We had the good fortune of connecting with Mike Baron and we’ve shared our conversation below.
Hi Mike, where are your from? We’d love to hear about how your background has played a role in who you are today?
I grew up in South Dakota. One day I emerged from a cigar shop (I was about ten) holding a John D. MacDonald paperback which cost thirty-five cents. As I stood in the sidewalk looking at it (The Deep Blue Goodbye,) I realized that Mr. MacDonald didn’t write these for a hobby. He did this for a living. I decided I wanted to be a writer. I read voraciously. I haunted out public library and read all the great science fiction masters. Heinlein. Asimov. Clifford Simak. Andre Norton. A.E. Van Vogt. I had to get permission from my folks to check out Lolita. My desire to write did not take hold until I was in high school, in Madison, Wisconsin, when I started writing for the school paper. In college, I visited a friend who ran the underground newspaper Takeover. There were hundreds of LPs leaning against the wall. “Mark!” I said. “What’s with all these records?” “Oh, the record companies send them to us. You can have them if you’ll write about them.” So I began writing about music. I was a loner, like a lot of writers. I lived mostly in my head. My imagination ran wild. After graduating from UW with a degree in poli sci, I moved to Boston. Friends told me they had alternative news weeklies who would give anybody a chance. I answered an ad in the Boston Phoenix for volunteers to live on a hospital ward for a month, smoke govt marijuana, and take tests all day. It was just like college. After the test was over, I wrote it up for the Boston Phoenix and that’s how I broke into journalism.
Can you open up a bit about your work and career? We’re big fans and we’d love for our community to learn more about your work.
I became Music Editor of the Boston Phoenix. It was my job to go out night after night, review performances and interview artists. It was the greatest job in the world. I had lunch with Freddie Mercury. I interviewed Les McCann, Jacki Byard, and Jaco Pastorius. I saw Mingus and Otis Rush. One day, seventy five albums arrived at my house from the record companies. I also wrote for Fusion and Creem. But in the back of my mind, I wanted to write fiction. I thought I could sit down, whip off a paperback, and make a few bucks. HA! It took me thirty years to learn how to write a novel, because I’m a slow learner. But when I get it, I get it. I have three rules. One: entertain. Two: show don’t tell. Three: be original. There are many more rules but I like to keep it simple. My stories, both novels and comics, grab readers by the throat and pull them in so that they can’t wait to learn what happens next. That’s the essential question in all story-telling. What happens next? In order for the reader to care, you must give them compelling characters, an intriguing plot, a seductive narrative voice, an exotic setting, and a thousand other things.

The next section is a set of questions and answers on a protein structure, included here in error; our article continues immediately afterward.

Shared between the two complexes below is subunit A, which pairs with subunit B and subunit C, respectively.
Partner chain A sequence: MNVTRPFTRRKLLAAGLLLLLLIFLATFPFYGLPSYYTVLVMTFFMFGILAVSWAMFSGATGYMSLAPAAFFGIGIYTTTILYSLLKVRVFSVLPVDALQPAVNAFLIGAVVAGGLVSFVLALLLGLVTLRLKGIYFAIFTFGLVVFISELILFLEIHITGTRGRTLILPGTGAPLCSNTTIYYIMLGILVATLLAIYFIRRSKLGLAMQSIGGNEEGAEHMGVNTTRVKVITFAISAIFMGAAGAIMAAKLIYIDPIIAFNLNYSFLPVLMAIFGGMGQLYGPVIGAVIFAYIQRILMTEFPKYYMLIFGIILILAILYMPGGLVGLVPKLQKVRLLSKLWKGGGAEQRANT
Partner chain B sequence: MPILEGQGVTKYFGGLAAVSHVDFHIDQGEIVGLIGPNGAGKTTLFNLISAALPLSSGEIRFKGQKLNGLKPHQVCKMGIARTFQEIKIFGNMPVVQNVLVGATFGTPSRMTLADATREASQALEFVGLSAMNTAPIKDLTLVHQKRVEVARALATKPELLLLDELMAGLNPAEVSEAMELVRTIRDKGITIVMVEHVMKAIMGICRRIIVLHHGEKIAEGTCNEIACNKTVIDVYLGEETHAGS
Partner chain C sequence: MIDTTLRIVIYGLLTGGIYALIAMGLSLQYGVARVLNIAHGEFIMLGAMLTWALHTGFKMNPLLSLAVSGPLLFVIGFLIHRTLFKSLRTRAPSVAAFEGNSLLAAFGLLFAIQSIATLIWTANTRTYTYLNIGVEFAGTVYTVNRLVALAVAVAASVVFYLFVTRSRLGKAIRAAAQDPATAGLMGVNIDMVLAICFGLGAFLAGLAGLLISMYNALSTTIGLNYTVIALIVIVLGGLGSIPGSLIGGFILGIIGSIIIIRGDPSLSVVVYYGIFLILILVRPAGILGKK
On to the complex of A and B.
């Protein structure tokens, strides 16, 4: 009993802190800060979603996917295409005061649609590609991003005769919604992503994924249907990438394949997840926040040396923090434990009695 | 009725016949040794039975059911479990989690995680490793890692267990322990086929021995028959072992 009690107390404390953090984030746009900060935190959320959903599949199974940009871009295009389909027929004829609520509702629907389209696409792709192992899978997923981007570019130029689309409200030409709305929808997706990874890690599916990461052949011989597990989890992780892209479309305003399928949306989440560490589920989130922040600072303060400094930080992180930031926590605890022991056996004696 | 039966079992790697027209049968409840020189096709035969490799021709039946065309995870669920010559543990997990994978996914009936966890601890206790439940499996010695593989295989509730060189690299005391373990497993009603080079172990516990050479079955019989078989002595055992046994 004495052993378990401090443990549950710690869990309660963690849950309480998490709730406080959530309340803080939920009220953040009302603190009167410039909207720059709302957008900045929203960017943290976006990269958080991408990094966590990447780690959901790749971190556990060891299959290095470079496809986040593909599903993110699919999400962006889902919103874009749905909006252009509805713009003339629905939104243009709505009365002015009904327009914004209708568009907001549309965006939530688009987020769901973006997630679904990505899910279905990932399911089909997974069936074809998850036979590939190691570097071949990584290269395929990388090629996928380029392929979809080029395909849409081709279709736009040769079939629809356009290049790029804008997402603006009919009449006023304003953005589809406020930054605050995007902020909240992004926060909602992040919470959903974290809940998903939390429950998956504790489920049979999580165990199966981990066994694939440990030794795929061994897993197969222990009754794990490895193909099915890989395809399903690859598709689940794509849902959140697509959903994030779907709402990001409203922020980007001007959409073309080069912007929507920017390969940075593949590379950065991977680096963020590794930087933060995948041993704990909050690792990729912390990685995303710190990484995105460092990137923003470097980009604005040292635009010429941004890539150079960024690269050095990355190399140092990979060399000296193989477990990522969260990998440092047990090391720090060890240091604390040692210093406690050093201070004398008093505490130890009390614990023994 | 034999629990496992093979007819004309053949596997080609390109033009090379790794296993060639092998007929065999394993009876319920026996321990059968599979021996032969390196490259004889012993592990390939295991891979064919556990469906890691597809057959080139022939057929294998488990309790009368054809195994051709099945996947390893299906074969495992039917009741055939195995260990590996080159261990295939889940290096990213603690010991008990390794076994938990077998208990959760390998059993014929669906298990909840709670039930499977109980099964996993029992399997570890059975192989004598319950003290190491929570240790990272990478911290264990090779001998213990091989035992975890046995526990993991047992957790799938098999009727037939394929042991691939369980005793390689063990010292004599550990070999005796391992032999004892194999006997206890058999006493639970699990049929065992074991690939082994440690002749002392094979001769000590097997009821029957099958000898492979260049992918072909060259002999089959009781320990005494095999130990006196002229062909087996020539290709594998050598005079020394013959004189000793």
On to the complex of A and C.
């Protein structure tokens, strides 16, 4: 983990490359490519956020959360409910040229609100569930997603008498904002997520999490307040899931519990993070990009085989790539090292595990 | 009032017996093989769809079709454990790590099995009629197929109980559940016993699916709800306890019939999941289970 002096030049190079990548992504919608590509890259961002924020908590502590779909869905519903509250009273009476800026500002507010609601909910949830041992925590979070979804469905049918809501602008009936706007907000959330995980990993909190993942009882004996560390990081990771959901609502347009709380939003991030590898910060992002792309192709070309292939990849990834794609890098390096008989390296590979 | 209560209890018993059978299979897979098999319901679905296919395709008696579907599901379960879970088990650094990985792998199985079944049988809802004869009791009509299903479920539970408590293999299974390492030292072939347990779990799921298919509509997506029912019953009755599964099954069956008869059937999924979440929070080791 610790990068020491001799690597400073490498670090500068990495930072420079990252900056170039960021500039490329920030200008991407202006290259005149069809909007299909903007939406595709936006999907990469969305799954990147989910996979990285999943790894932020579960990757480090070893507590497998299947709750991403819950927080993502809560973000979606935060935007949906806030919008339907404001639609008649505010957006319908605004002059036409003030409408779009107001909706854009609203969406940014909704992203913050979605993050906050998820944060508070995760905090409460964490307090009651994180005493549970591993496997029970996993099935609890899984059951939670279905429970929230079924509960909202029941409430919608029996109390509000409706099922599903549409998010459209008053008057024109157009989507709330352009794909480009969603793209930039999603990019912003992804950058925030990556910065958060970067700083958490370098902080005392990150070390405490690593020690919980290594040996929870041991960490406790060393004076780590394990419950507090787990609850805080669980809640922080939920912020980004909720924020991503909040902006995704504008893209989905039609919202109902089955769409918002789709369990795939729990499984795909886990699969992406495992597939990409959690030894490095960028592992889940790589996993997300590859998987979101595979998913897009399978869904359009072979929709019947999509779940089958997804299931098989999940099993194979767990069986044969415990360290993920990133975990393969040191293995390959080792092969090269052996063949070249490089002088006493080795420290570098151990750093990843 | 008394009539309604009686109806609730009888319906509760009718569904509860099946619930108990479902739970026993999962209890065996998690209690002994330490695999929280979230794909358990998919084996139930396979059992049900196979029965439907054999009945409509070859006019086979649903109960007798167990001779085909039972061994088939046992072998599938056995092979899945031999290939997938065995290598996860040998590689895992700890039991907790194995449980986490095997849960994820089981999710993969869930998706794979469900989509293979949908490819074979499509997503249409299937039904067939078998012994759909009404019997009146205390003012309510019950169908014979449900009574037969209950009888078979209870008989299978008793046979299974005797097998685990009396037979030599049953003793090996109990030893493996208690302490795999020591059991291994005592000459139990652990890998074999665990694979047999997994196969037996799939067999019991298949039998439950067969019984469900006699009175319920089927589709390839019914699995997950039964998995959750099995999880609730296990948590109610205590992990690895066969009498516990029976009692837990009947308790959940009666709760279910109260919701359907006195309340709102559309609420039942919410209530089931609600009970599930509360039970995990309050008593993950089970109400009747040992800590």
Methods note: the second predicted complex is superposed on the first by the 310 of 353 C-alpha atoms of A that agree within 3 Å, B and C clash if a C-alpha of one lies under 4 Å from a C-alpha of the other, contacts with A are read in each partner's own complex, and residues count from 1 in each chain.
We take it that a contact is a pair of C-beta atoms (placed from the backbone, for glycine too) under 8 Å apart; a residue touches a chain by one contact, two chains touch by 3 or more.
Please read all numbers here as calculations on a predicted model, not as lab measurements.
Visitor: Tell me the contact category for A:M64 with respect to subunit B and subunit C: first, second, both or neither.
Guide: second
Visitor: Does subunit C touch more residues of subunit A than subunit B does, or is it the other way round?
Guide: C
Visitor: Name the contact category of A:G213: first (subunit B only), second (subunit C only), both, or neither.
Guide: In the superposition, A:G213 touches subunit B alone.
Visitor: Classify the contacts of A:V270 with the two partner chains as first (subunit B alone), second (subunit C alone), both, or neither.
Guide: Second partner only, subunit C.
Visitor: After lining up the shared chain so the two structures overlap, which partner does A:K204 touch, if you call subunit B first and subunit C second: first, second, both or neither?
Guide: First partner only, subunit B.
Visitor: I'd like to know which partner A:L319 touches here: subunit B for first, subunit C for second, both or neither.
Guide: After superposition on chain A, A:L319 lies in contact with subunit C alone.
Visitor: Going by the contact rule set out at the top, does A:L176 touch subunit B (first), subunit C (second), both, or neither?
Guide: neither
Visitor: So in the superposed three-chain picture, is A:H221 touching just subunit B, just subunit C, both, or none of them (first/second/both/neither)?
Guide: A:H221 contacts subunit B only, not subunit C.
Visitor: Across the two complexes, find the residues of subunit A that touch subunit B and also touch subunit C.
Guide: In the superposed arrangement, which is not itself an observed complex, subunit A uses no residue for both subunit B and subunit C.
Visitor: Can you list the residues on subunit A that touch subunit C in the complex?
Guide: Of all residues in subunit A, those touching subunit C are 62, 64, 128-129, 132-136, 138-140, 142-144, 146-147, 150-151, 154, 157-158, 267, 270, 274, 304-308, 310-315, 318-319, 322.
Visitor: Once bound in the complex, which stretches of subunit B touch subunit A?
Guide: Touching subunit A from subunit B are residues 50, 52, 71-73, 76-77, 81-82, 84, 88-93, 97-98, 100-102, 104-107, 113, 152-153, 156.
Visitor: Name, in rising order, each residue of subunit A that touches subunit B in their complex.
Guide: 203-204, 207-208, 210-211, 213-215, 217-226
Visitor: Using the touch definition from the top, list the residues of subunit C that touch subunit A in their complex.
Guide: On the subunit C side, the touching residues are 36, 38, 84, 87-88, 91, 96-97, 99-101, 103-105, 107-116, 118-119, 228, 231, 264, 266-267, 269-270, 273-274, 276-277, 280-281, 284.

If you had a friend visiting you, what are some of the local spots you’d want to take them around to?
If they ride a bike I would take them on the Big Thompson Trail through Loveland. If the venues ever open again, I would take them to Odells to hear music. We have seen so many great bands there. We might go up Rist Canyon and head north, have lunch at Mishawaka. I might take them on a hike in Rocky Mountain National Park, if we can get in. Last year, we rode motorcycles up the Fall River Road. It was white knuckle the whole way. Not much traffic. When we arrived at the Alpine Center, it was jammed to the gills and there were police out on the highway directing traffic which was back up three miles.
The Shoutout series is all about recognizing that our success and where we are in life is at least somewhat thanks to the efforts, support, mentorship, love and encouragement of others. So is there someone that you want to dedicate your shoutout to?
My parents weren’t too crazy about the comic books, but they encouraged me to read. In high school, I had Mrs. Dowling for English teacher. She said, “I’m going to teach you to write an essay if it kills us both,” I studied with Jerry McNeely, head writer for Marcus Welby, M.D. Professor McNeely said, “You make ’em laugh a little bit, cry a little bit, you scare the hell out of them, and that’s entertainment.” Later, when I moved back to Madison from Boston, University professor Blake Kellogg was instrumental, as were Judi K-Turkel and Franklynn Peterson were selfless in their mentoring. More recently, Kevin J. Anderson, also from Wisconsin, has been a great friend and cheerleader. He has published several of my books.
Florida Man cover by Todd Mulrooney. Banshees cover by Joe Comstock. Nexus cover by Steve Rude. Badger cover by Val Mayerik.